If you suddenly won or inherited ONE HUNDRED MILLION dollars, what would be the first thing you would do with it? 

 

2006
Nov 27-29

%

Gifts/Donations

 

Donate to charities/churches/those in need

20

Make sure friends/family members taken care of

17

Give it away/Share it

5

 

Routine expenses/Financial security

 

Pay off all my debts/bills

18

Put in the bank for saving/investing

10

Buy a house/Pay off mortgage/house improvements

8

Pay/Invest in education of myself/others

4

 

Luxury activities/purchases

 

Buy a new vehicle

2

Take a trip/Travel

2

Spend it on entertainment, toys, etc.

1

Buy land/property

1

Quit job/retire

1

 

Precautionary actions

 

Contact a financial consultant/tax adviser

2

Pay the taxes

1

Contact a lawyer

1

Benevolence Increases With Age

Gallup finds little difference in the spending proclivities of men and women on these questions. However, the impulse to be generous appears to increase with age -- probably in part because older Americans are less likely to have mortgages or large household expenses. Given $1 million, only 21% of those aged 18 to 39 would first give a charitable donation or gift of any kind. This increases to 33% among those aged 40 to 59 and to 49% among those 60 and older. Young people are, conversely, much more inclined to use the money for practical life expenses, including buying a house, paying off debts, or putting it into savings.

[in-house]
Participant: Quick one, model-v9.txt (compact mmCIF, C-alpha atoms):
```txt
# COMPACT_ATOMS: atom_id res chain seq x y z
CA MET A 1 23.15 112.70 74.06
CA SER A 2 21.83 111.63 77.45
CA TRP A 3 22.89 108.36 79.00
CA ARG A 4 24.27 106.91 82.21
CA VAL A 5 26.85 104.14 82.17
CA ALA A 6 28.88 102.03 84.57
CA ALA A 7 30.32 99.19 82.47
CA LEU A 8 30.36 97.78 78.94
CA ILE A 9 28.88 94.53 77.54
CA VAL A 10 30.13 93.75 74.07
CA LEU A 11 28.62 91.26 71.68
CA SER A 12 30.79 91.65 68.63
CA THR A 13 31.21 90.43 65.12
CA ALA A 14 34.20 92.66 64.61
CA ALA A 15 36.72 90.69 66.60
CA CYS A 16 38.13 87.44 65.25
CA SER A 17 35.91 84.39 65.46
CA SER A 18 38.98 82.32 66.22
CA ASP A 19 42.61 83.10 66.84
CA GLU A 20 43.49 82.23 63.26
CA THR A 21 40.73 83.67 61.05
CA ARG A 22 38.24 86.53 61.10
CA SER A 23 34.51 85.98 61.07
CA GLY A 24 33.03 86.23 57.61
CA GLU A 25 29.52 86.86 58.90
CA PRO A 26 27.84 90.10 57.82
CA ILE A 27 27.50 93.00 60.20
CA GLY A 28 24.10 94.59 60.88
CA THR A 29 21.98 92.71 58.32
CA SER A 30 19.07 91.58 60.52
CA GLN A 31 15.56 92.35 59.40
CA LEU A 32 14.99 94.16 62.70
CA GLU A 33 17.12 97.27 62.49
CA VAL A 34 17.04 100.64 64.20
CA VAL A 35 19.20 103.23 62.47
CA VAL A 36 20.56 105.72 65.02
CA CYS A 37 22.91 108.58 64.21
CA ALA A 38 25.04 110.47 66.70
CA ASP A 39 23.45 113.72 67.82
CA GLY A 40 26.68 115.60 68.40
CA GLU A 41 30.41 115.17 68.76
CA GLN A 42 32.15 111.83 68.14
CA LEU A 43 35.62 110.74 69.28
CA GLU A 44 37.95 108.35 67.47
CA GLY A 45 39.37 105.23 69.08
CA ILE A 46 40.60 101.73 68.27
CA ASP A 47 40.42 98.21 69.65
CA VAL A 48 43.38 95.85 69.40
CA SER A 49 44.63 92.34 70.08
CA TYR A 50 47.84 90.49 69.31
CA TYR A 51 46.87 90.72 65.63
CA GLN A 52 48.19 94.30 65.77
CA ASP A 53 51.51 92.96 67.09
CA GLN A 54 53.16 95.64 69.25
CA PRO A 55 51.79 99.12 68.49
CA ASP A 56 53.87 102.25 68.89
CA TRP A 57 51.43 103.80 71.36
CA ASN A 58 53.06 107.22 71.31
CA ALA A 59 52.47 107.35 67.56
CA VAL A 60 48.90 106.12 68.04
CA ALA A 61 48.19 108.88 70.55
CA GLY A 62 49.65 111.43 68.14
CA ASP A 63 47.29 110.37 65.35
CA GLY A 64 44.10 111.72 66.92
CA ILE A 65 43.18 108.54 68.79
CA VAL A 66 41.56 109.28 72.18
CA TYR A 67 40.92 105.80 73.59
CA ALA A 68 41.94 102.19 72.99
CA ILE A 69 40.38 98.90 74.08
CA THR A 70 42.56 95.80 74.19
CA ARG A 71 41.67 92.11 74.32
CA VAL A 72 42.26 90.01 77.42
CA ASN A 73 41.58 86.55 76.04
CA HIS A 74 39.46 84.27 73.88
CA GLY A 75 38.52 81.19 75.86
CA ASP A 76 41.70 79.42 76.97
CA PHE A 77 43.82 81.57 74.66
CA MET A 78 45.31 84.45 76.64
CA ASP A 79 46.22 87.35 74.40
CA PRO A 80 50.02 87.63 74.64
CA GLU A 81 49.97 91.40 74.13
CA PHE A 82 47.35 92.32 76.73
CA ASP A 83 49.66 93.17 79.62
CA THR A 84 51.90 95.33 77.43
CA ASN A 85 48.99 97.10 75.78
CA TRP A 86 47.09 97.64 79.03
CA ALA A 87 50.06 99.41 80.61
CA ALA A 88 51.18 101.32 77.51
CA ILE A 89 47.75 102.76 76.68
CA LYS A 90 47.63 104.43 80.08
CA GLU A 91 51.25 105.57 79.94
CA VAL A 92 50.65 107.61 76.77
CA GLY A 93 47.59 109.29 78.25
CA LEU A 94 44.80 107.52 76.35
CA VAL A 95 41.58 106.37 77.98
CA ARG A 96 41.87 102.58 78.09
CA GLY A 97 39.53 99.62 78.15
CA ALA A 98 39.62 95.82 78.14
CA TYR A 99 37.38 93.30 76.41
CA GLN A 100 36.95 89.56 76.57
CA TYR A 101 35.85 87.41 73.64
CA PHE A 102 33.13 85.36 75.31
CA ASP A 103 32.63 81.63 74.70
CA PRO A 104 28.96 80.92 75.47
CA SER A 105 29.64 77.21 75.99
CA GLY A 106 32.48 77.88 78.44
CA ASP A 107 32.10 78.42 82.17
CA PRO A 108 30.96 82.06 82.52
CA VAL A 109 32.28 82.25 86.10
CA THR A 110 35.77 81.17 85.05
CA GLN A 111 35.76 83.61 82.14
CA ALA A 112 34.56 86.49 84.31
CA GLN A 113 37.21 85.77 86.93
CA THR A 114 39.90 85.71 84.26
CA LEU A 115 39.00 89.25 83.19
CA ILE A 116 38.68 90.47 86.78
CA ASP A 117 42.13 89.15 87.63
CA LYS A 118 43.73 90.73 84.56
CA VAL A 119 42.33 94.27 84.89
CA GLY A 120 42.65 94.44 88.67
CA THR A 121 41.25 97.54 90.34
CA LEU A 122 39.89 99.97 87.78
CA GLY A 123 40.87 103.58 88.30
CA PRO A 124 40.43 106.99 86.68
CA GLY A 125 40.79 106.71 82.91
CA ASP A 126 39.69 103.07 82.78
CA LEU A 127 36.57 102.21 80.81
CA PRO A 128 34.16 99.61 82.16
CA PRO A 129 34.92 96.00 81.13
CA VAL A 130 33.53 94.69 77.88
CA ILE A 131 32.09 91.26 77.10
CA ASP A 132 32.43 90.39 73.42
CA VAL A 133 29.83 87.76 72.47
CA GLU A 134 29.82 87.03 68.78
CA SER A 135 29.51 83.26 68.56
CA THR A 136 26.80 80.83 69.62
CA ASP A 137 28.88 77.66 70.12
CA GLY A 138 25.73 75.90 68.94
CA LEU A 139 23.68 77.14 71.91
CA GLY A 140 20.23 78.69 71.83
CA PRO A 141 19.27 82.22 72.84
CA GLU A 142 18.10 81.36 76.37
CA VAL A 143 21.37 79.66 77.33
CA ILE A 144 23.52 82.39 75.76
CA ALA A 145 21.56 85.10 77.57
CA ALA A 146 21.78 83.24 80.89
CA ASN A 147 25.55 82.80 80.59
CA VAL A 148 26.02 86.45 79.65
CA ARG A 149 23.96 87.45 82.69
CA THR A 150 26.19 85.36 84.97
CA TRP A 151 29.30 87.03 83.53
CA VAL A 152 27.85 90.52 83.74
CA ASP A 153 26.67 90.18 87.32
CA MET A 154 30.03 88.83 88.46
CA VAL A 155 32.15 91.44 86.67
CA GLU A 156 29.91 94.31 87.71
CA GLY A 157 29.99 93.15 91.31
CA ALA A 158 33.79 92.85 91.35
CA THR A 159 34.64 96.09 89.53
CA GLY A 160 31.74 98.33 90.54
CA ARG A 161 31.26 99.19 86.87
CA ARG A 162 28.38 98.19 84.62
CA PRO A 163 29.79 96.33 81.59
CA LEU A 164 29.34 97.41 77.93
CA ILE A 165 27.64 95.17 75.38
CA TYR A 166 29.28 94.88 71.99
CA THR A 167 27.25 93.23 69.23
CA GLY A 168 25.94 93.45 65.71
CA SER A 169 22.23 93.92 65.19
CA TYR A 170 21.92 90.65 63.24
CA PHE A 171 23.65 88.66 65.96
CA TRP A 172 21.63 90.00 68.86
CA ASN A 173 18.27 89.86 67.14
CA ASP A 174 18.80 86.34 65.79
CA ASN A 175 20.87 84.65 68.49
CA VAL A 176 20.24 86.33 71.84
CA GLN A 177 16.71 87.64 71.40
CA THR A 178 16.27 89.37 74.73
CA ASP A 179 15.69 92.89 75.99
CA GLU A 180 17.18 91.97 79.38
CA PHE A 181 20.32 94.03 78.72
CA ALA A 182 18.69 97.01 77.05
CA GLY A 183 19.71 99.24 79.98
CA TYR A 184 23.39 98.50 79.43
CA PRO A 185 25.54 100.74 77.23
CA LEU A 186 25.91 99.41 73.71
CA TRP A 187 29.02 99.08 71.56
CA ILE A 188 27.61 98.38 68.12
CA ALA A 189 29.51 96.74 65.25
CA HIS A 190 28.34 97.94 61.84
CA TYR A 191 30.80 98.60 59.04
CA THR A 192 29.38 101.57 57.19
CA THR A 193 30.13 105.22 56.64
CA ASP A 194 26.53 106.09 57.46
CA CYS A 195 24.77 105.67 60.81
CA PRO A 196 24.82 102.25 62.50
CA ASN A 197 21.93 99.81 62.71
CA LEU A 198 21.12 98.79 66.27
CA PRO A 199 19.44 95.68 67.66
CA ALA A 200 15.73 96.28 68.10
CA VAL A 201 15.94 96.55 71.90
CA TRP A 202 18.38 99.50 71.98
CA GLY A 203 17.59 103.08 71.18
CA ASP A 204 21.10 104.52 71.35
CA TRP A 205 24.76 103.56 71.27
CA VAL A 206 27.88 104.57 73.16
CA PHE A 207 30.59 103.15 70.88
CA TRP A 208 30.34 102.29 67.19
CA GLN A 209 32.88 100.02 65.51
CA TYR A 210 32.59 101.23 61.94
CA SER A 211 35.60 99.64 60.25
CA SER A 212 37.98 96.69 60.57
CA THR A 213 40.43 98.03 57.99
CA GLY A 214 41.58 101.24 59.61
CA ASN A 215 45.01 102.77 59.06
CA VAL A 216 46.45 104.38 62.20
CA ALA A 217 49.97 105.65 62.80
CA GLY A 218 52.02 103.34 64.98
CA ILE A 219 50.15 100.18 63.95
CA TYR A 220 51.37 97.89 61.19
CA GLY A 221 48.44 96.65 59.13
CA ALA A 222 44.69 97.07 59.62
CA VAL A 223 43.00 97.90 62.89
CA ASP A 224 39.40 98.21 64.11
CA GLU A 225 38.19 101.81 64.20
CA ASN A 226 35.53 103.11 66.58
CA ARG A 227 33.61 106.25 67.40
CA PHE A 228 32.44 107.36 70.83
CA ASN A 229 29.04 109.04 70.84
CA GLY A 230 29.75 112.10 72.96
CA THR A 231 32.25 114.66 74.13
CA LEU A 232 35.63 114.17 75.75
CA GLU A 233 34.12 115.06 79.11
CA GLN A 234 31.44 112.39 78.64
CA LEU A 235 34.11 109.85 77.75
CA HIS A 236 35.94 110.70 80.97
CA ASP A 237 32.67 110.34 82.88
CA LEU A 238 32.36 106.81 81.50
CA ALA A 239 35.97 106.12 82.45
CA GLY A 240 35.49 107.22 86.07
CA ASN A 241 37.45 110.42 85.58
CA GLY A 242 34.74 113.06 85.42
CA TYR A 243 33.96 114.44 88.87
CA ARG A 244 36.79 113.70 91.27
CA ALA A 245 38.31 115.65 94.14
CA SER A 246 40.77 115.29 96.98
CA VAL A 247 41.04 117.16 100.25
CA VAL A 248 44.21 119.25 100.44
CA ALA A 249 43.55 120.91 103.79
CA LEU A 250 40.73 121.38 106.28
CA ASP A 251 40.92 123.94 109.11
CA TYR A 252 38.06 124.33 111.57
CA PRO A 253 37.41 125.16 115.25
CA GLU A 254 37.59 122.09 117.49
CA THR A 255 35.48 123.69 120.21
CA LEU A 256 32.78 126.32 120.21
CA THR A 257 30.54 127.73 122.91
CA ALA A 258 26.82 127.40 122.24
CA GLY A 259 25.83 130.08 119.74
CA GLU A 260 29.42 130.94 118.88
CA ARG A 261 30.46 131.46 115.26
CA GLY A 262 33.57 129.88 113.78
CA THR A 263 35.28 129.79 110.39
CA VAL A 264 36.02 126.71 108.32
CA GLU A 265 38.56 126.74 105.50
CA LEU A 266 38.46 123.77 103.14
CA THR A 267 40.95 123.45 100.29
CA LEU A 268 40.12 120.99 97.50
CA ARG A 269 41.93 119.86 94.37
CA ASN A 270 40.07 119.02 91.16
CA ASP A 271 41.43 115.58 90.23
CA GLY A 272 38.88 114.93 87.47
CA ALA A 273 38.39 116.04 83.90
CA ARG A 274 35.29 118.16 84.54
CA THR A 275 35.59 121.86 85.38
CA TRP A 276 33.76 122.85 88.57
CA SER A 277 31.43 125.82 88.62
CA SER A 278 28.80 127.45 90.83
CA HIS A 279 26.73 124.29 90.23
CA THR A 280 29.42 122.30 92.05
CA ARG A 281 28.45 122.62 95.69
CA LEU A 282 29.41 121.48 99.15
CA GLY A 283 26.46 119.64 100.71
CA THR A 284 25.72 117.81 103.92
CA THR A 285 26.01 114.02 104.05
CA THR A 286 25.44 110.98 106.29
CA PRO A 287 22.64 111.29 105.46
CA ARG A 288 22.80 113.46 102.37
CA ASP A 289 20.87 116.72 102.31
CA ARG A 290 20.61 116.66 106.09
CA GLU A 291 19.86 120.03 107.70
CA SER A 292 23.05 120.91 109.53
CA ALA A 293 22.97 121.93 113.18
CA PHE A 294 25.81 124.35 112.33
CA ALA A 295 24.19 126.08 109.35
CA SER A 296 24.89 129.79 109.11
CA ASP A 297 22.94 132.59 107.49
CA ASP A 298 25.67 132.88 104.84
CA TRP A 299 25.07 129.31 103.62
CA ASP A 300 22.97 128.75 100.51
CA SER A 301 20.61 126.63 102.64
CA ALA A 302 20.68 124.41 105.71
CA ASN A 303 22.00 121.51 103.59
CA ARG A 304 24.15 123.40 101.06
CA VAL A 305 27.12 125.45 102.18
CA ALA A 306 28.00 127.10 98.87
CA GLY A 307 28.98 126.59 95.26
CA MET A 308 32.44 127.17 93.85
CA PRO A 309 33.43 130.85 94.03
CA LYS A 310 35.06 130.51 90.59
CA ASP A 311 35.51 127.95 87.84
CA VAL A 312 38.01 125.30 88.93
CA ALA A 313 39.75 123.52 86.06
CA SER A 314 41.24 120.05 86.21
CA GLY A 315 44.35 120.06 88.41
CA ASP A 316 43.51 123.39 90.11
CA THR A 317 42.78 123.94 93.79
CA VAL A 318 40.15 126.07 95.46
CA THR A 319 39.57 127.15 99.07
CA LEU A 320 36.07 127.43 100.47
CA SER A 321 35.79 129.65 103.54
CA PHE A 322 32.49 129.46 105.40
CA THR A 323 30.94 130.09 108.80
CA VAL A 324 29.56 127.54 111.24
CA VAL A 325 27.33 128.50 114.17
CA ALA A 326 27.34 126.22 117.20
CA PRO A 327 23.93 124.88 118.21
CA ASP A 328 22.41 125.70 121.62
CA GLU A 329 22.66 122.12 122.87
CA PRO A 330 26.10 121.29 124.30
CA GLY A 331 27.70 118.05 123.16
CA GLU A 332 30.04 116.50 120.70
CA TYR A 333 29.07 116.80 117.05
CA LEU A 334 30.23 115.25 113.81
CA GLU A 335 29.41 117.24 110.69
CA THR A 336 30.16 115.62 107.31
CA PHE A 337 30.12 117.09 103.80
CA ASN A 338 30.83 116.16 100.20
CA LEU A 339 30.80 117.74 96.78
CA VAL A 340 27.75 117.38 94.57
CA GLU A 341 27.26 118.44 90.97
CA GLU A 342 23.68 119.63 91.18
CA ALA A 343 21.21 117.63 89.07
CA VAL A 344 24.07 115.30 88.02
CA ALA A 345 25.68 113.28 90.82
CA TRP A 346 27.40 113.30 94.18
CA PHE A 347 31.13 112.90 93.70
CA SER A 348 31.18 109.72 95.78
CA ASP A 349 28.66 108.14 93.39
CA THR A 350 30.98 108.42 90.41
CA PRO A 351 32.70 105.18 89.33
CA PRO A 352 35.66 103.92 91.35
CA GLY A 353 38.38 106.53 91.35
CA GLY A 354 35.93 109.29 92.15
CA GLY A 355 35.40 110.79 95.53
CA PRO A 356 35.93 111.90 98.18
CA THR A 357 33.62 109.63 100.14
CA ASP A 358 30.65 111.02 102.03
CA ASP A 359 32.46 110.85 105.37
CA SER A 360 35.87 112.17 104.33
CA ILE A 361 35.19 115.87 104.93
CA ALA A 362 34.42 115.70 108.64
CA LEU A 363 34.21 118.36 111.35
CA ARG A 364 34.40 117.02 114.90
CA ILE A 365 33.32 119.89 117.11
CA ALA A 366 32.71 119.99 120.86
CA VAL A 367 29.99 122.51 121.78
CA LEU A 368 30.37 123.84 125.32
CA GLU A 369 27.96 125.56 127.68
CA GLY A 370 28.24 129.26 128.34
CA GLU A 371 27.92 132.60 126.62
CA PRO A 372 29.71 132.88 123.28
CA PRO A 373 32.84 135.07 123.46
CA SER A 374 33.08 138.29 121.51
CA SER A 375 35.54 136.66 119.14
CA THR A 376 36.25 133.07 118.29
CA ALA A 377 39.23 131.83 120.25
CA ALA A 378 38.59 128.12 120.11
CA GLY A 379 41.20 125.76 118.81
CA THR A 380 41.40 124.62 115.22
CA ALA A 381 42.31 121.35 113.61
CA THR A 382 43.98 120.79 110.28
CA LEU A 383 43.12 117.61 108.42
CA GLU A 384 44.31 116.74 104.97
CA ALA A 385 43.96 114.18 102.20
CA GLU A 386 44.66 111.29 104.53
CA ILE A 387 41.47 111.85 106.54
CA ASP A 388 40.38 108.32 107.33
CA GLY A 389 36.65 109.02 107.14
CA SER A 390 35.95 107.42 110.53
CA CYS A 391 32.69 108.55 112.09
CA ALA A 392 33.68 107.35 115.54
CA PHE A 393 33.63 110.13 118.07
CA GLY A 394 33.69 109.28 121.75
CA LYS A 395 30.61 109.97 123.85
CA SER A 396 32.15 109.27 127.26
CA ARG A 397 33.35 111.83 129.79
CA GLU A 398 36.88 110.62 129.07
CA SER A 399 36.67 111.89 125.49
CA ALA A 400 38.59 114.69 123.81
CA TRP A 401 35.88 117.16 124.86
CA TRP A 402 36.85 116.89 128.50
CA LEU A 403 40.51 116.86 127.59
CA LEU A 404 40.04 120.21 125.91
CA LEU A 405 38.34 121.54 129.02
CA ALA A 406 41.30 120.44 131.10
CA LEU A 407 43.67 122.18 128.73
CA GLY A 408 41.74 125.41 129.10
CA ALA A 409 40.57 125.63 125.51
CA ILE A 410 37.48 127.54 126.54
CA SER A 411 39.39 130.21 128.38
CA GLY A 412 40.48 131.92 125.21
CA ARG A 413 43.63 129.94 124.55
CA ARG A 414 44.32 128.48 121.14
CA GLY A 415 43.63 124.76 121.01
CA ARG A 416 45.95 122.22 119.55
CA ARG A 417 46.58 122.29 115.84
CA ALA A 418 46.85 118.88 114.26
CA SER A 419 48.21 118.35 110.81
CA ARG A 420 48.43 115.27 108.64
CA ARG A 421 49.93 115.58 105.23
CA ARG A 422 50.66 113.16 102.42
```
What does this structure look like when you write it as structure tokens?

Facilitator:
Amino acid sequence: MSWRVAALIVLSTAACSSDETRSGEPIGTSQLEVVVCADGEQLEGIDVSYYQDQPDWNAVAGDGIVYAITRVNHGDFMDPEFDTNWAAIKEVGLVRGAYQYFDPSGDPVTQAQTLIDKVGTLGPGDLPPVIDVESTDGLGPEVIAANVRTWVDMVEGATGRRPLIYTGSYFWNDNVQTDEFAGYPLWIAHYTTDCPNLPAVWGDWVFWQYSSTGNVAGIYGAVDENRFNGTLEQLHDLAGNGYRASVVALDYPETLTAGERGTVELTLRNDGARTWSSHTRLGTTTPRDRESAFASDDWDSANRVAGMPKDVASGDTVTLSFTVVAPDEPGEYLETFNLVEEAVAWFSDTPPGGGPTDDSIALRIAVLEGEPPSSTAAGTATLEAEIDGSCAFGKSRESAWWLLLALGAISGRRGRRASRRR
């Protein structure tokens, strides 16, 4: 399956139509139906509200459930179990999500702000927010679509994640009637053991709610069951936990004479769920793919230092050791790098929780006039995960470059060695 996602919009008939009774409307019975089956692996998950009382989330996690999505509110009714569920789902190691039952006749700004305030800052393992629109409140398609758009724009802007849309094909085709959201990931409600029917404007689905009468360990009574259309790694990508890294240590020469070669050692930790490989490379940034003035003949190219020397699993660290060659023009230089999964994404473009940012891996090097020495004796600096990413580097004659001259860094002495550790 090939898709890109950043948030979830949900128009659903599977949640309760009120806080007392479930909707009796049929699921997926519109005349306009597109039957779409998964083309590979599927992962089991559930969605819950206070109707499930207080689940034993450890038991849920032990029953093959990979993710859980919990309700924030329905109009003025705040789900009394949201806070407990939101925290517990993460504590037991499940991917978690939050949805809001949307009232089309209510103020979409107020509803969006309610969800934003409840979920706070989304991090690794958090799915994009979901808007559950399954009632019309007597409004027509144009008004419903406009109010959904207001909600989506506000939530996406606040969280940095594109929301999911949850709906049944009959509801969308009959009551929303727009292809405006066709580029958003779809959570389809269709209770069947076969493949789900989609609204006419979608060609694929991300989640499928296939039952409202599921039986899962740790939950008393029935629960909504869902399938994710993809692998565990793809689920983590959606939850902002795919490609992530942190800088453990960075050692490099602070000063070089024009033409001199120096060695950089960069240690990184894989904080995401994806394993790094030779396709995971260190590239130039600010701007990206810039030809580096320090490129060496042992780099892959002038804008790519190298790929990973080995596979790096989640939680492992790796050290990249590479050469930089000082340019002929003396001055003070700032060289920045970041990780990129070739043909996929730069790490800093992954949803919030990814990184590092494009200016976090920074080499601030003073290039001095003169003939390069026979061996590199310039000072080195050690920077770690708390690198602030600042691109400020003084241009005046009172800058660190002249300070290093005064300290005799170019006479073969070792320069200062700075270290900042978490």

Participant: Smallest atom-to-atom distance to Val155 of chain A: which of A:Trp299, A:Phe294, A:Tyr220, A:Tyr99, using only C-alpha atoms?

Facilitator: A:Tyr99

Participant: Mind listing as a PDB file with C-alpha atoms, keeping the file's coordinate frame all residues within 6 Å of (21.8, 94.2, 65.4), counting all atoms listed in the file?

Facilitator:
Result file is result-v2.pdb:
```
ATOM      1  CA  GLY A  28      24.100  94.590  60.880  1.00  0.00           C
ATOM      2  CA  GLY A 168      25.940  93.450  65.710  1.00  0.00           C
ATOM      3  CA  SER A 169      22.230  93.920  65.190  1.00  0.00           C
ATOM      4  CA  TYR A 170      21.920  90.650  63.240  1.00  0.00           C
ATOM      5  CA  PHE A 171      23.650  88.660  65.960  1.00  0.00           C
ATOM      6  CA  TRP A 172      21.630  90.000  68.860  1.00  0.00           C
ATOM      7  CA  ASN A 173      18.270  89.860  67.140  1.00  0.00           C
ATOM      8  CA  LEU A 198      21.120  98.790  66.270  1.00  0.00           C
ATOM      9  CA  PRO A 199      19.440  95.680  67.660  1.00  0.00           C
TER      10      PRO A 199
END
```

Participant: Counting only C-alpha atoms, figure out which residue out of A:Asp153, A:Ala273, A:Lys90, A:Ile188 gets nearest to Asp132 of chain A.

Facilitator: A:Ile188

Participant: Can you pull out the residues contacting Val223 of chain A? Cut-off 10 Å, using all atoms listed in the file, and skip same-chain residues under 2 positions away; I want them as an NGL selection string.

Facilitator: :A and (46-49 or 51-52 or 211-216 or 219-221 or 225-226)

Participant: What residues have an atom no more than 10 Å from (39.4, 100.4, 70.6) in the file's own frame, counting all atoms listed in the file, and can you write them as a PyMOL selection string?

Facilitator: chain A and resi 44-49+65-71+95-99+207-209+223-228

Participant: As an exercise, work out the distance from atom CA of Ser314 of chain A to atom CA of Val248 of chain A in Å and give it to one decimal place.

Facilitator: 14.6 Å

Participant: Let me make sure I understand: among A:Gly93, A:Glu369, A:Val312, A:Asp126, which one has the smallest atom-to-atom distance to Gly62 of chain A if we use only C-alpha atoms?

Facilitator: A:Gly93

This is not to say that, given a financial windfall, younger adults would not use it to make charitable donations, but they are generally unlikely to make charitable giving their first act.

The same generational pattern is seen among those asked what they would do with $100 million.

Survey Methods

Results for this panel study are based on telephone interviews with 1,003 national adults, aged 18 and older, conducted Nov. 27-29, 2006. Respondents were randomly drawn from Gallup's nationally representative household panel, which was originally recruited through random selection methods. For results based on the total sample of national adults, one can say with 95% confidence that the maximum margin of sampling error is ±3 percentage points.